Supper time

When I was a lad (How’s that for a start? Settle in.), the midday meal was ‘dinner’ and the afternoon meal was ‘tea time’. When I say that dinner was at midday I mean exactly midday: 12 noon. Tea time was at 5 o’clock. Which left a hell of a long time before tomorrow’s breakfast. What did we do? We had supper, of course.

I don’t know if it’s just because I’m all modern now, or a bit middle class, or living in Australia, but I don’t get to do the supper time thing much any more. I used to look forward to a bit of toast or something with a milky drink at 9 o’clock – though never cheese or bananas, which (it was widely acknowledged) cause bad dreams.

But on dusk last Sunday I found someone out for a bit of supper. It was late in the day, the sun dipping towards the Indian Ocean. Its last rays lit up this black-shouldered kite above the gasworks.


He hovered and moved, hovered and dropped…


… came up empty handed (or empty taloned?, hovered some more …


… found something promising, adjusted his trim, controlled the yoke …


… then … then …



And off he took with his bit of supper to his favourite power pole, the one next to the drain by the railway bridge. And there he sat, filling his belly till tomorrow’s breakfast, as the super moon in all its brilliance crept up from the Pacific Ocean to shine down on us all.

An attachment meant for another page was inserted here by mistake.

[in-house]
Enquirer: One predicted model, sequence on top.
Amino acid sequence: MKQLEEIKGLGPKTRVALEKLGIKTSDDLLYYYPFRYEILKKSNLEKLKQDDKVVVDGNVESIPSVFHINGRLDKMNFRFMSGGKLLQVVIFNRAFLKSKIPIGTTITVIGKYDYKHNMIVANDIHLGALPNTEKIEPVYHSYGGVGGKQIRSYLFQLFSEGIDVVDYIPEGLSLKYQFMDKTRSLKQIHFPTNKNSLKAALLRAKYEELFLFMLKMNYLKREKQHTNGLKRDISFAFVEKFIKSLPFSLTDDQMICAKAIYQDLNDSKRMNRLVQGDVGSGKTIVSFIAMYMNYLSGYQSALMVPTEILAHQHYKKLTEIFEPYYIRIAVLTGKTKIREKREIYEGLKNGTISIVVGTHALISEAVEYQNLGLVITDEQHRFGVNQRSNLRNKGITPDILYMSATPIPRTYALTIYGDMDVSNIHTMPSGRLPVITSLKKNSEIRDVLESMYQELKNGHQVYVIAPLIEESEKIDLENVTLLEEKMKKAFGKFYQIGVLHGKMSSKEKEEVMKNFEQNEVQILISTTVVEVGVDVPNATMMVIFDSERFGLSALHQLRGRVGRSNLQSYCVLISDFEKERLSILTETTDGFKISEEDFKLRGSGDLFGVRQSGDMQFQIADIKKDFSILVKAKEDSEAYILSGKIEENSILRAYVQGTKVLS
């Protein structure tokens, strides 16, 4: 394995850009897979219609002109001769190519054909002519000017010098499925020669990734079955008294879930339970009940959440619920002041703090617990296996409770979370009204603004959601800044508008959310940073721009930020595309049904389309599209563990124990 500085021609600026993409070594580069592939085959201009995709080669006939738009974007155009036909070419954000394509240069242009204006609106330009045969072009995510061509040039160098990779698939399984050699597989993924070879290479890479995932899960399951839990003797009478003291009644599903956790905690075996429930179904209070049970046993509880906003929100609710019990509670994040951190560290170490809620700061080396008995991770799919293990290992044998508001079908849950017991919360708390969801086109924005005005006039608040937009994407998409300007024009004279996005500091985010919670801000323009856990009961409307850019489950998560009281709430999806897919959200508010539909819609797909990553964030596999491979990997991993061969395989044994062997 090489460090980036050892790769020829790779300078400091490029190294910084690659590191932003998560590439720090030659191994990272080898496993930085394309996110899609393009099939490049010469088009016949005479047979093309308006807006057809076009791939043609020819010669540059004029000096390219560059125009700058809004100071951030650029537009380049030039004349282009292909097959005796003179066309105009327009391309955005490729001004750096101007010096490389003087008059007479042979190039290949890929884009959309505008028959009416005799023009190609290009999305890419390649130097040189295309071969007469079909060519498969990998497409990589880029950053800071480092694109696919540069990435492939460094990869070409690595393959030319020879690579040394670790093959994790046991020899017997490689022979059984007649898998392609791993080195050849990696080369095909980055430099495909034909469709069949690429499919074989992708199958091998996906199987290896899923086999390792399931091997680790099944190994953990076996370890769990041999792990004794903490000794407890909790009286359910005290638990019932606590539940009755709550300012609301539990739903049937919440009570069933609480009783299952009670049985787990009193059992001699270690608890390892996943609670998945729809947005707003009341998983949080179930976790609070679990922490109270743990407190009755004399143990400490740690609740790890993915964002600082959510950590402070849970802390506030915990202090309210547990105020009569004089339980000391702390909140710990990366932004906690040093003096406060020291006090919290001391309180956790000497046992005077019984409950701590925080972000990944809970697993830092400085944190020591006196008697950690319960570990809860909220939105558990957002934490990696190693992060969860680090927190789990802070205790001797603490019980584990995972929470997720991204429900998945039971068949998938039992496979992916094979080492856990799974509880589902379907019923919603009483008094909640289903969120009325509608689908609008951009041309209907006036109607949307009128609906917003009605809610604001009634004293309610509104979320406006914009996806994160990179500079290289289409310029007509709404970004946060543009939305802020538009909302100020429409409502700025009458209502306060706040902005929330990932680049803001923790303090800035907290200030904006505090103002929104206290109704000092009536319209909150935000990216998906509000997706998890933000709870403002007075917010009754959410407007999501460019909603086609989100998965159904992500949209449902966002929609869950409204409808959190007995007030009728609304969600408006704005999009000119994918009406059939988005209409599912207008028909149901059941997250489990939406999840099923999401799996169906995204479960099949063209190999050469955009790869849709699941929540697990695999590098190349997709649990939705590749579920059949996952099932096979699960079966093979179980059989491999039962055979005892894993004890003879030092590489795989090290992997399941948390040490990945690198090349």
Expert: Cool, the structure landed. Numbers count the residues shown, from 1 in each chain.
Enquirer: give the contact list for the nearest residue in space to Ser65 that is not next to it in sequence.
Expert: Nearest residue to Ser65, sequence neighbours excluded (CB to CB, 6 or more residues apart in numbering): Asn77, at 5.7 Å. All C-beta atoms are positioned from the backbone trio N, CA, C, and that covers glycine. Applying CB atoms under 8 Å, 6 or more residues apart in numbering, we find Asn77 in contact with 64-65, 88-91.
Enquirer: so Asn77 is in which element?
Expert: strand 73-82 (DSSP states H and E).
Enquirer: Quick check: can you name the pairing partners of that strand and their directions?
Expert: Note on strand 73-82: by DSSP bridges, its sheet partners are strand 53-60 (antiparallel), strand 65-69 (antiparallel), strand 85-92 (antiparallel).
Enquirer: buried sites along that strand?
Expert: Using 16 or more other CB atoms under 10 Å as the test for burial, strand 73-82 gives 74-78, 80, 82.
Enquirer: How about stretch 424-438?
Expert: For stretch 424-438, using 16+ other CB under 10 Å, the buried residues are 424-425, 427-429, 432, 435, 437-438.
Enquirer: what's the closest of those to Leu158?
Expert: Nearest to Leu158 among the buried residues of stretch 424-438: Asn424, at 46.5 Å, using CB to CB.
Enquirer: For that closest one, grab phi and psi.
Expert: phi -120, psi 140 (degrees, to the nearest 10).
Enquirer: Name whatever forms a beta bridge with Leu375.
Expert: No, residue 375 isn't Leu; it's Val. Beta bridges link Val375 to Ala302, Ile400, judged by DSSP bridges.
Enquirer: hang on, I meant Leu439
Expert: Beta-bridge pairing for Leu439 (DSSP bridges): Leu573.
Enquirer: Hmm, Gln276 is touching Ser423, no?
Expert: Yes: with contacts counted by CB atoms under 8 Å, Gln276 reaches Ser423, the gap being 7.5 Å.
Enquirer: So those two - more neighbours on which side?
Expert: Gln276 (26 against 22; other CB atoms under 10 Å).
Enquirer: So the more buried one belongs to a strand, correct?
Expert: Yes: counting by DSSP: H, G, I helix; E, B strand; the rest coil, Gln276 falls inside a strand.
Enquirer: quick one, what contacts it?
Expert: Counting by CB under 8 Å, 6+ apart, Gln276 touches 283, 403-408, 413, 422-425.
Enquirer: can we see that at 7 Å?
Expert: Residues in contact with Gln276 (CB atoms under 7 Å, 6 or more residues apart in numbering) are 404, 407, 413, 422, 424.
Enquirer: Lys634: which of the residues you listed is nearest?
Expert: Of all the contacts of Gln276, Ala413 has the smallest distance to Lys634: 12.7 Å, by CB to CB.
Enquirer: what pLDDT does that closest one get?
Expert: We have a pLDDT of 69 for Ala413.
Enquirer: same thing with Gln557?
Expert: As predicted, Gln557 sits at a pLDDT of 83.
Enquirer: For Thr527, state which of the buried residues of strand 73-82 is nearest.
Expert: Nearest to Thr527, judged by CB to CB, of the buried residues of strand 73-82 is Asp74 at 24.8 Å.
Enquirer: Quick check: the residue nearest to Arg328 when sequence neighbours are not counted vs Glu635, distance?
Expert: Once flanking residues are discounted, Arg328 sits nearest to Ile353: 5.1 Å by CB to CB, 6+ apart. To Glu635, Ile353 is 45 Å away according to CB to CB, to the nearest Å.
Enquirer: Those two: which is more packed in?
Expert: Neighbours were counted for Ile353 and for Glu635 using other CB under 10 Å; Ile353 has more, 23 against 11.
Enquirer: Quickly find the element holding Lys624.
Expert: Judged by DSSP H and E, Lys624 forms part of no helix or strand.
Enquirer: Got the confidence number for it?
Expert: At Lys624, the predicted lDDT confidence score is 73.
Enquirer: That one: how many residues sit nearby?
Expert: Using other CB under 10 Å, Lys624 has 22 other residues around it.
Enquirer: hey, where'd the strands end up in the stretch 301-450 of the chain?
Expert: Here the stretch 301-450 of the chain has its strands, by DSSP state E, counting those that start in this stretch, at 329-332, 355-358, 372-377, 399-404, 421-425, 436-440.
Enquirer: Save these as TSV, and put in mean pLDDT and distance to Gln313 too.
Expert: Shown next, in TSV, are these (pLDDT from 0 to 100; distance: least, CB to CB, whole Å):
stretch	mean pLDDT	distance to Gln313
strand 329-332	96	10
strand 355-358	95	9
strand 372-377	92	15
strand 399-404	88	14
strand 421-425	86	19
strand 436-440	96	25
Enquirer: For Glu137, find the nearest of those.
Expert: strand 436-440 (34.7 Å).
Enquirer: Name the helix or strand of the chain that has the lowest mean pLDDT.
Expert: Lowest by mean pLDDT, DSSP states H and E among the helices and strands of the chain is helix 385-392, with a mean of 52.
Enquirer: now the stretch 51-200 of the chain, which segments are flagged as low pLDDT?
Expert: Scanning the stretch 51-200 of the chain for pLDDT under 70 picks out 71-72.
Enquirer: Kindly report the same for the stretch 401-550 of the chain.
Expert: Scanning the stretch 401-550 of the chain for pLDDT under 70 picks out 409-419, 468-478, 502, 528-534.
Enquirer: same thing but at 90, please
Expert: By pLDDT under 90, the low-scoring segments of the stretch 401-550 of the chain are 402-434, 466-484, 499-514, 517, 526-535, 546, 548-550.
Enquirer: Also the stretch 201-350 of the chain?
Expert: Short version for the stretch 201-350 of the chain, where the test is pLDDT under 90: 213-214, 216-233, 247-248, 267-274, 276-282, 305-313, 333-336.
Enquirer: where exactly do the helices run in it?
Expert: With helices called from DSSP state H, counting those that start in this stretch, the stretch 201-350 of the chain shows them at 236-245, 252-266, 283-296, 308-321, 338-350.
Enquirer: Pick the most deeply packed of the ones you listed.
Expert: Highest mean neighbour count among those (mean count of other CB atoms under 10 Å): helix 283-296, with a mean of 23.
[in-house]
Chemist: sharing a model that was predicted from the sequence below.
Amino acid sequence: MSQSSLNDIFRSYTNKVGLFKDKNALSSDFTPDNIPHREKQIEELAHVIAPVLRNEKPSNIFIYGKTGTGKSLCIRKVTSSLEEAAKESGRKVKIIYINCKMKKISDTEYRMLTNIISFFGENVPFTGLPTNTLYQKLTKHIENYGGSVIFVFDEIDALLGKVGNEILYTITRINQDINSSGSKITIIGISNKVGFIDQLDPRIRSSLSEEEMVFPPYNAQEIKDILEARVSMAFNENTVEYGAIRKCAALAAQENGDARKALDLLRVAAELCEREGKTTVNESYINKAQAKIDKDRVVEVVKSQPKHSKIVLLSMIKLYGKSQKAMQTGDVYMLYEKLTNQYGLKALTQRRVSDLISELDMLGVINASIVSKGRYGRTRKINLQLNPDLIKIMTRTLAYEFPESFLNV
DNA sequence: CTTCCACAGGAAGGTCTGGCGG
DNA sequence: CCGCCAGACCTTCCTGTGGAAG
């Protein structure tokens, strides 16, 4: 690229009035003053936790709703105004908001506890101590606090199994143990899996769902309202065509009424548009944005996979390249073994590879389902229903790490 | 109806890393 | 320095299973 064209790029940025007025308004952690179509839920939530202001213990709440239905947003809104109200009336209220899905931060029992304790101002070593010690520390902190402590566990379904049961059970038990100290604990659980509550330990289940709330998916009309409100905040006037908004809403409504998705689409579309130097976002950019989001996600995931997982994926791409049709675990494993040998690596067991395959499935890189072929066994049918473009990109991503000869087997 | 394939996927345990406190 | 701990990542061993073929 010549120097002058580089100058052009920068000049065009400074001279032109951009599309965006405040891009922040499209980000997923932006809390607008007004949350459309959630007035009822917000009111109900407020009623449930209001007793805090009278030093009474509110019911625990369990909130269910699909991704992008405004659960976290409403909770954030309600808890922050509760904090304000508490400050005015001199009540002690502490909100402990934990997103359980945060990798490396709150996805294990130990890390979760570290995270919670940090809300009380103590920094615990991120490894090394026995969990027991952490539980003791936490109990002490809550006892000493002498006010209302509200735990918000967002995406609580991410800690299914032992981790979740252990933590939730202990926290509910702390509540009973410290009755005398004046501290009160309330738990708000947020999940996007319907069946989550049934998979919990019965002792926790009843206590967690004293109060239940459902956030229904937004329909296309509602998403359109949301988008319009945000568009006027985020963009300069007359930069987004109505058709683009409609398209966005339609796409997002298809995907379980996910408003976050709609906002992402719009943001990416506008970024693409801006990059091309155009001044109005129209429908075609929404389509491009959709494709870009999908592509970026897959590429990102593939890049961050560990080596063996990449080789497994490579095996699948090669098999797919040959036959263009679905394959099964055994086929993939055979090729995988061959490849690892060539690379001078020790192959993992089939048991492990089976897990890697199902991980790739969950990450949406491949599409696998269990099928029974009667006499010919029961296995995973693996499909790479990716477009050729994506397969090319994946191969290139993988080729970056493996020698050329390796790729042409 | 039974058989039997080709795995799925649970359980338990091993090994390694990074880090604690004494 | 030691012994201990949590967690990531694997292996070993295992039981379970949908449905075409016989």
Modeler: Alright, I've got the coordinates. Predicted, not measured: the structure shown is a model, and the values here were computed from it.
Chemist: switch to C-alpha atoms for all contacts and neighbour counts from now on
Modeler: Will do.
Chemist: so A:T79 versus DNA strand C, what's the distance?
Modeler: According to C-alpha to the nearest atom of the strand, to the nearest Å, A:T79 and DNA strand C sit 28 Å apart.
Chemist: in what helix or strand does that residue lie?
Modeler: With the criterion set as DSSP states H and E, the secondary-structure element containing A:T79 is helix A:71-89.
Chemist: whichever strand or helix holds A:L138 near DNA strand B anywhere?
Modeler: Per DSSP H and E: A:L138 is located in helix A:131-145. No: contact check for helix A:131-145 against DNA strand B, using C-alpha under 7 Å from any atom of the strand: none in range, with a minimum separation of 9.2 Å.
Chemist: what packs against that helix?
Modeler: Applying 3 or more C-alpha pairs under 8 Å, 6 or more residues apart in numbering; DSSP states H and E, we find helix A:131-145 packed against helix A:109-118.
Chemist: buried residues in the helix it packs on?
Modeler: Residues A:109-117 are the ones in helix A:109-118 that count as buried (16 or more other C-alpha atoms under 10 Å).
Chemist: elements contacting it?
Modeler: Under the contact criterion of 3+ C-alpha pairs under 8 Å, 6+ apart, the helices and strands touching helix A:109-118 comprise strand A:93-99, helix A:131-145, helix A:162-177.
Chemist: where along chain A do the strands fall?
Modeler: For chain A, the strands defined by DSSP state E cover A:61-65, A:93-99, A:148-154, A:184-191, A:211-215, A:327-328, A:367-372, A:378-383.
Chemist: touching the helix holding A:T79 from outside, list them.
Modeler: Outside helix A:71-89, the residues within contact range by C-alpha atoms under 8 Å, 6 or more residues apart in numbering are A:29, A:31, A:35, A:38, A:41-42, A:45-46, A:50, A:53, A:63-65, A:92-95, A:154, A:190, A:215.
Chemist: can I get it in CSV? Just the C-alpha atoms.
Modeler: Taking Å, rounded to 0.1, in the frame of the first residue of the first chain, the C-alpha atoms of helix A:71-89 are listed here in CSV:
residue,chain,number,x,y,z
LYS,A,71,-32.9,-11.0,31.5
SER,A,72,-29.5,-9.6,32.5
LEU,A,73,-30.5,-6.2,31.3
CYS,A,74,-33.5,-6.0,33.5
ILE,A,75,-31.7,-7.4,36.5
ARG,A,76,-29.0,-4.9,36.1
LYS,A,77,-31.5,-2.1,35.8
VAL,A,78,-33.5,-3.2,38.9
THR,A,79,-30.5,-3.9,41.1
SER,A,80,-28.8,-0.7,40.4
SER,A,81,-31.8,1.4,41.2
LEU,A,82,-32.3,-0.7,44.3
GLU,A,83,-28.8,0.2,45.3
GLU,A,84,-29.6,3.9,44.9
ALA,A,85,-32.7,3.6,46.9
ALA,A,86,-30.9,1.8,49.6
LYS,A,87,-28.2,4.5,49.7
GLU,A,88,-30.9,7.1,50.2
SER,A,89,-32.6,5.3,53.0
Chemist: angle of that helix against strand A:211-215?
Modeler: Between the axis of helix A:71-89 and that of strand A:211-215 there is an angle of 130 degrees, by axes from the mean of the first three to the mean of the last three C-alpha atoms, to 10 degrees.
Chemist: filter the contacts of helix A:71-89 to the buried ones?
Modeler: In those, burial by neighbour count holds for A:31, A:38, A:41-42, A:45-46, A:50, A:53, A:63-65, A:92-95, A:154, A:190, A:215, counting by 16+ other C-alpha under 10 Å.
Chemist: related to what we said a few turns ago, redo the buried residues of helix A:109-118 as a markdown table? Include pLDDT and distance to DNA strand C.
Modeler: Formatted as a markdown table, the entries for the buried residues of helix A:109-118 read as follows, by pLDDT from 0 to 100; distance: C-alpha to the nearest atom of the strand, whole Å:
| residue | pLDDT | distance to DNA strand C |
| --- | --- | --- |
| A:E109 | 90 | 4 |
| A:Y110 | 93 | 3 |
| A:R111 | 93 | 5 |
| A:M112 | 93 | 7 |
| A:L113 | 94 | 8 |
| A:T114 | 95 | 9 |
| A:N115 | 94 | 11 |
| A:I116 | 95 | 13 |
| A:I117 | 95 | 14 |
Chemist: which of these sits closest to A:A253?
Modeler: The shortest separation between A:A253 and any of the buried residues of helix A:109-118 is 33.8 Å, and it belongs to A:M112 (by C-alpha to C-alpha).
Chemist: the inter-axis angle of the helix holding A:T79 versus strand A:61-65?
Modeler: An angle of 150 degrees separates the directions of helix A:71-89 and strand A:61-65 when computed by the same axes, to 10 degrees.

8 Responses to Supper time

  1. Linda Cameron says:

    I really enjoy your blog and was so pleased to have found it via your conversation with Richard Fidler. It has a certain quality of beauty that is hard to explain. Keep up the good work as I much appreciate it as I’m sure do many others.

    • Mark MacLean says:

      Hi Linda

      What lovely kind words! Thanks for the feedback. Blogging can be a bit like dropping a pebble into a well: sometimes there’s an immediate splash and lots of ripples; other times the pebble just keeps falling, falling, falling into silence …


  2. Martin Unwin says:

    But I don’t think I’ll have what he’s having. PS. Love your work, the book, the blog, and I love Hamilton North since my girls live in Baird St!

    • Mark MacLean says:

      Ah, Baird Street: the forgotten corner of Hamilton North.

      It really is it’s own little place down there, isn’t it? I always imagine that it’s the kind of place that closes the end of the road off and has street parties at Christmas. Is it really like that, or am I just being sentimental?

      Thanks for the thumbs up on the writing!

  3. meganix says:

    Wonderful photo of super moon, poles and wires, and the black-shouldered kite. Thanks Mark.

    • Mark MacLean says:

      Thanks, Meganix.

      It’s impossible to take a bad shot of a BSK. They’re so beautiful, so reserved, so full of all the qualities that humans lack.


  4. jennie says:

    Fantastic post. Thank you.

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